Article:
“Rising inflation means that the Reserve Bank of India had to maintain the key lending rate at 4.00% — unchanged since May 2020. This would mean that deposit and loan interest rates would largely remain flat though banks and lending institutions will continue to calibrate the rates on fresh loans and deposits as per their policies. Lending rates are going through historic lows with around 10 major lenders offering home loans at under 7.00%,” said Adhil Shetty, CEO, BankBazaar.com.
In light of recent difficulties faced by cooperative banks and NBFCs, the RBI announced the issuance of guidelines aimed at improving governance and the quality of financial reporting. In minor announcements, the RBI also said that RTGS would soon be made available 24×7, continuing from similar measures that had been applied to IMPS and NEFT. To further widen the use of digital payments, the cap on contactless card transactions, e-mandates on recurring card payments and UPI is being raised from Rs 2000 to Rs 5000.
From a lending perspective, non-food credit growth accelerated and moved into positive territory for the first time in November 2020 on a financial year basis, implying that banks and NBFCs are beginning to lend more. “In contrast, for most of this financial year, lending took a back seat as a significant portion of the large inflow of deposits into the banking system was being deployed to boost SLR investment — holdings that bank must compulsorily maintain in government-backed securities, gold and cash. To give a further boost to lending, the RBI has decided that scheduled commercial banks and cooperative banks shall not make any dividend pay-out from the profits pertaining to FY 21 to help banks conserve capital and strengthen their balance sheets with a view to increase lending,” added Shetty.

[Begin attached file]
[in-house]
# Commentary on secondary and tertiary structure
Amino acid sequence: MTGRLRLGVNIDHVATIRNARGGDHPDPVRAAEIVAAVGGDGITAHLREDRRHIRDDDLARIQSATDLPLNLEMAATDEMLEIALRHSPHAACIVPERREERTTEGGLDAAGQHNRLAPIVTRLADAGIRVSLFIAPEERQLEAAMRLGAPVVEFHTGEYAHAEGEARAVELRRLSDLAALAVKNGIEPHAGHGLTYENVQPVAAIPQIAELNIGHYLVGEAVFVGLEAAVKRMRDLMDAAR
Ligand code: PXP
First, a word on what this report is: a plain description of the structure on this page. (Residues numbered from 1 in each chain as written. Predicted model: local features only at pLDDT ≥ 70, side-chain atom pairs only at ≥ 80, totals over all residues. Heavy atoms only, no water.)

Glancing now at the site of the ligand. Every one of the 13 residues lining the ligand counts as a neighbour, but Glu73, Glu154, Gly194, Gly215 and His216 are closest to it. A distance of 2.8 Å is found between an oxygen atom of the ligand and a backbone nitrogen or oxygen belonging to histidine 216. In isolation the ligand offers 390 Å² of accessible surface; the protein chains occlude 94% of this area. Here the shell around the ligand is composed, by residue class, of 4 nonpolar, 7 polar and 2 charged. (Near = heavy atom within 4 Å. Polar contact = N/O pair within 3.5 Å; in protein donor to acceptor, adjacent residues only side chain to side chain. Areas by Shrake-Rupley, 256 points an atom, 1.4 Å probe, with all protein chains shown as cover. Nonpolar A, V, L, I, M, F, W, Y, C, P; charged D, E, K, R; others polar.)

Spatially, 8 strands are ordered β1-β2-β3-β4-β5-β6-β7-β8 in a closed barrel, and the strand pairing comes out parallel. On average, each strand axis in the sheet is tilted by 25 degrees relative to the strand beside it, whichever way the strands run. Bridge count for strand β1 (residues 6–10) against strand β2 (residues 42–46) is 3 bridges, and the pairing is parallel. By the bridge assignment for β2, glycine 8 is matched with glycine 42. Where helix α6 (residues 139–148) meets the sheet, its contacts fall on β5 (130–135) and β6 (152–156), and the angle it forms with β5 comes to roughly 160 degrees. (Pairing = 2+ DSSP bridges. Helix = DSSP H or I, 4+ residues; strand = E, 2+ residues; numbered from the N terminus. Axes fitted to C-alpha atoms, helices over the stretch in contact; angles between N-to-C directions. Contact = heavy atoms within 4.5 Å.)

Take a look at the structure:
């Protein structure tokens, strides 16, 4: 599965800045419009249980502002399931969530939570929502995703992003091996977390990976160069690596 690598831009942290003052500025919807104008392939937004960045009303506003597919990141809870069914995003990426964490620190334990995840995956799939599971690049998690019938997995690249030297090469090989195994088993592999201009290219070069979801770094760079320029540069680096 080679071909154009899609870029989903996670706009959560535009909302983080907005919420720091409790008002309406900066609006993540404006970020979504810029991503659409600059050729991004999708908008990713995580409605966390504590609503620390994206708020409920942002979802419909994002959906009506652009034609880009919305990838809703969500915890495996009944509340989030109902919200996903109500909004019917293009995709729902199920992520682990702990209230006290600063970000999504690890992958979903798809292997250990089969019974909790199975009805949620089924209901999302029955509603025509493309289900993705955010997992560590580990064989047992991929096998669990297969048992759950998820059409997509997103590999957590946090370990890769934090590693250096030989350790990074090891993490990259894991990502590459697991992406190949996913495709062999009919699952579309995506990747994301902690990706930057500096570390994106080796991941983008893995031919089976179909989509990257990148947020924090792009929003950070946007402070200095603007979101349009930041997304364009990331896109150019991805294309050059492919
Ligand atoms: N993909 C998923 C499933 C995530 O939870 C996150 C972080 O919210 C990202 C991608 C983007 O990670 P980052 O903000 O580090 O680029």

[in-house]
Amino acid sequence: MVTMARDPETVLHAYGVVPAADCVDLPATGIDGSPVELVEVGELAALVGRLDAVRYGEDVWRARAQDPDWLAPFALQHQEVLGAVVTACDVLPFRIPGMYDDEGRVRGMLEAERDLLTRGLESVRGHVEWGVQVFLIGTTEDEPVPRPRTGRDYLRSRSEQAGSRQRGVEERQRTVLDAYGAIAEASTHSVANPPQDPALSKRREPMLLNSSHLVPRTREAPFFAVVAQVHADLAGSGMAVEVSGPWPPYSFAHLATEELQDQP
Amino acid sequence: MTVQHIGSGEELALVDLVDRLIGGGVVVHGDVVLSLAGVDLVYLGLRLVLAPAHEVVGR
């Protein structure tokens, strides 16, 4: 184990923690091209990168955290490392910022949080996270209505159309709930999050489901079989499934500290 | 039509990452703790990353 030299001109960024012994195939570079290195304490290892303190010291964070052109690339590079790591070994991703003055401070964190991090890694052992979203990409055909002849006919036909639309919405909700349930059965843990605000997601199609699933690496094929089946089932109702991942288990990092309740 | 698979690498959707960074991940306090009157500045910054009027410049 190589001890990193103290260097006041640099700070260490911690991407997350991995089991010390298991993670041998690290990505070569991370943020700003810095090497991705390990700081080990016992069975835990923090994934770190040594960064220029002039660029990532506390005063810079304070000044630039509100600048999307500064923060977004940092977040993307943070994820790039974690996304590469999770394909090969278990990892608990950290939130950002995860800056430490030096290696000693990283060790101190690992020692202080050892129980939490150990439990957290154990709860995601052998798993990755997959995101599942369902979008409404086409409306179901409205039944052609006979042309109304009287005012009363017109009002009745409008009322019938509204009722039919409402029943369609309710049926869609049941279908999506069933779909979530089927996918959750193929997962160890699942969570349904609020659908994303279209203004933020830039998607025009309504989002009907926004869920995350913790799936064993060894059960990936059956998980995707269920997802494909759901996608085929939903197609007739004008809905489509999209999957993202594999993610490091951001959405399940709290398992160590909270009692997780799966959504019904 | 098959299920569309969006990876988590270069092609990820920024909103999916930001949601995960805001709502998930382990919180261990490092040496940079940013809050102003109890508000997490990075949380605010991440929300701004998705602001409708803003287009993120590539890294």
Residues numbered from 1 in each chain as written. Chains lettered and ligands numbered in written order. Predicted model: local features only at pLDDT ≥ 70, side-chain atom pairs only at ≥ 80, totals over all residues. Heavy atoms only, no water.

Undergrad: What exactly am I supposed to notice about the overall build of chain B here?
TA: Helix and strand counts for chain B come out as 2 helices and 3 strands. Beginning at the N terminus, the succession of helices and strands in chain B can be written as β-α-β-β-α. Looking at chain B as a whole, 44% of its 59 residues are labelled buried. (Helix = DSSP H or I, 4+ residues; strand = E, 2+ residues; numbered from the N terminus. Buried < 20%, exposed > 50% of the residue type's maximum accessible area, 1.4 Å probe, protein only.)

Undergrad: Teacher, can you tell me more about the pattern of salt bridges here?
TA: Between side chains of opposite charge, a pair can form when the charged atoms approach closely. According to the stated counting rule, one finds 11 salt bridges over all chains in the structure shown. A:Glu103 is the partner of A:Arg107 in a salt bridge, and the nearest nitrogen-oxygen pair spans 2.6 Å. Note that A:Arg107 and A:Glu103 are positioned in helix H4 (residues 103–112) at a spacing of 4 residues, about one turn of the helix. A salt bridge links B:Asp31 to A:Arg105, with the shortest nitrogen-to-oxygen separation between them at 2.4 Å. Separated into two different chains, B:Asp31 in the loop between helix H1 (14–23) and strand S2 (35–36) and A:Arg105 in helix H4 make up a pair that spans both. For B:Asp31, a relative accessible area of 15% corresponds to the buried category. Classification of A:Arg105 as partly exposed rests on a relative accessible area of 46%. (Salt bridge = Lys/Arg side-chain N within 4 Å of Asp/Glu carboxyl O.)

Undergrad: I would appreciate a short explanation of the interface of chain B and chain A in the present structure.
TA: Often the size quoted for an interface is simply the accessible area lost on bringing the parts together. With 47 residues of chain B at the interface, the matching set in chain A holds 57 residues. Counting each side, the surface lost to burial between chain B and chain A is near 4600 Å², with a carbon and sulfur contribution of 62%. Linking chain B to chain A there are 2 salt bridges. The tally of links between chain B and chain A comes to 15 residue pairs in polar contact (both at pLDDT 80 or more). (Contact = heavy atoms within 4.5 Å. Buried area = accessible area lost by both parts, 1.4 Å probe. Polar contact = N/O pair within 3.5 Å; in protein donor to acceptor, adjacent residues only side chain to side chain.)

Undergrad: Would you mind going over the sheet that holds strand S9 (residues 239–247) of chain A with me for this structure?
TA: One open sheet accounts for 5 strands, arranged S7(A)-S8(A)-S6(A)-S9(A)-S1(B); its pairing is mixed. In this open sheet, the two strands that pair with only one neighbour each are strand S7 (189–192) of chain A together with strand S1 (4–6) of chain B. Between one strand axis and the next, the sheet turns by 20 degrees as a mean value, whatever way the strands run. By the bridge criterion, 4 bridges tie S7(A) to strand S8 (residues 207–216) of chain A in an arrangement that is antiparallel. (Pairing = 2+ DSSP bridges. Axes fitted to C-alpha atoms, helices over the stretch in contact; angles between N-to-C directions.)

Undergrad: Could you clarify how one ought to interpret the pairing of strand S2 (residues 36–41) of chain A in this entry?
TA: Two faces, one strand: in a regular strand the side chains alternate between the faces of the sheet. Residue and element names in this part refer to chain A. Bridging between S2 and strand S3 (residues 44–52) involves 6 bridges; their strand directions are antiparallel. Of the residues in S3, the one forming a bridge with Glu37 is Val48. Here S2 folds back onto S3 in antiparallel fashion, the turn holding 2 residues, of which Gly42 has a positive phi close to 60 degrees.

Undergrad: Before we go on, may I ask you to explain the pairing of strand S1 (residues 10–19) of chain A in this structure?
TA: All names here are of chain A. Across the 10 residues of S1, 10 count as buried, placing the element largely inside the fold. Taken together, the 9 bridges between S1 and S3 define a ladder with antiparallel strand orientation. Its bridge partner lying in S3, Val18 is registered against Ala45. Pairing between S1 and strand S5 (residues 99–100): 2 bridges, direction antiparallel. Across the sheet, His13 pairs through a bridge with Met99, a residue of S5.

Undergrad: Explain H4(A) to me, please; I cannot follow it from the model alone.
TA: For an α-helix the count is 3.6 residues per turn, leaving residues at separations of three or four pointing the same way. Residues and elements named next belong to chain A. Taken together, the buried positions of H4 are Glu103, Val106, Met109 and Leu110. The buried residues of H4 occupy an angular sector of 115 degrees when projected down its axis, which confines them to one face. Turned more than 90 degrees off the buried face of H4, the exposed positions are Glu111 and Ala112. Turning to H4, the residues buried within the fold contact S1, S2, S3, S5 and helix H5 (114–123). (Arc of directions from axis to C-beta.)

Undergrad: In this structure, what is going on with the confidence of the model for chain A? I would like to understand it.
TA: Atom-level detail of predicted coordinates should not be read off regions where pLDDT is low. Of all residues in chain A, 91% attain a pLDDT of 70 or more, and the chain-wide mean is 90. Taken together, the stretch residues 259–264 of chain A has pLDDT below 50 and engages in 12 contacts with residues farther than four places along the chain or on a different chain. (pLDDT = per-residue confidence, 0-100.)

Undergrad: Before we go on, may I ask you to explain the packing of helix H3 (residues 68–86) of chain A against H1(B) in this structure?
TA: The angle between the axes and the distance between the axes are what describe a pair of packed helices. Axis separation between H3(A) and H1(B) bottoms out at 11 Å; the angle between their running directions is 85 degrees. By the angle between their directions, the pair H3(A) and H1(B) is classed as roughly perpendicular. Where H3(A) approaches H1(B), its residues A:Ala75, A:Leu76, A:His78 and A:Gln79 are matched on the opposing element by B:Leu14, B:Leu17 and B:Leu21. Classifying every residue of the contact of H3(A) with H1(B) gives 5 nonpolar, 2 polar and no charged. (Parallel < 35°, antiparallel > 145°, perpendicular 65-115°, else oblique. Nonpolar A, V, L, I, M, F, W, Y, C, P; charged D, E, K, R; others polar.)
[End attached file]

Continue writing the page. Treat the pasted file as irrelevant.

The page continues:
Naveen Kukreja, CEO & Co-founder, Paisabazaar.com, said, “The MPC’s decision to continue with the accommodative stance, despite the current inflationary pressures, clearly demonstrates the RBI’s prioritisation of economic growth over inflation. These decisions should hopefully further help support economic revival and credit demand. The decision to enhance the upper limit on contactless card payments from Rs 2,000 to Rs 5,000 is progressive and will increase customer convenience, especially in these pandemic times when social distancing and staying contactless is crucial. This should also further boost digital payments, which would help the overall financial ecosystem.”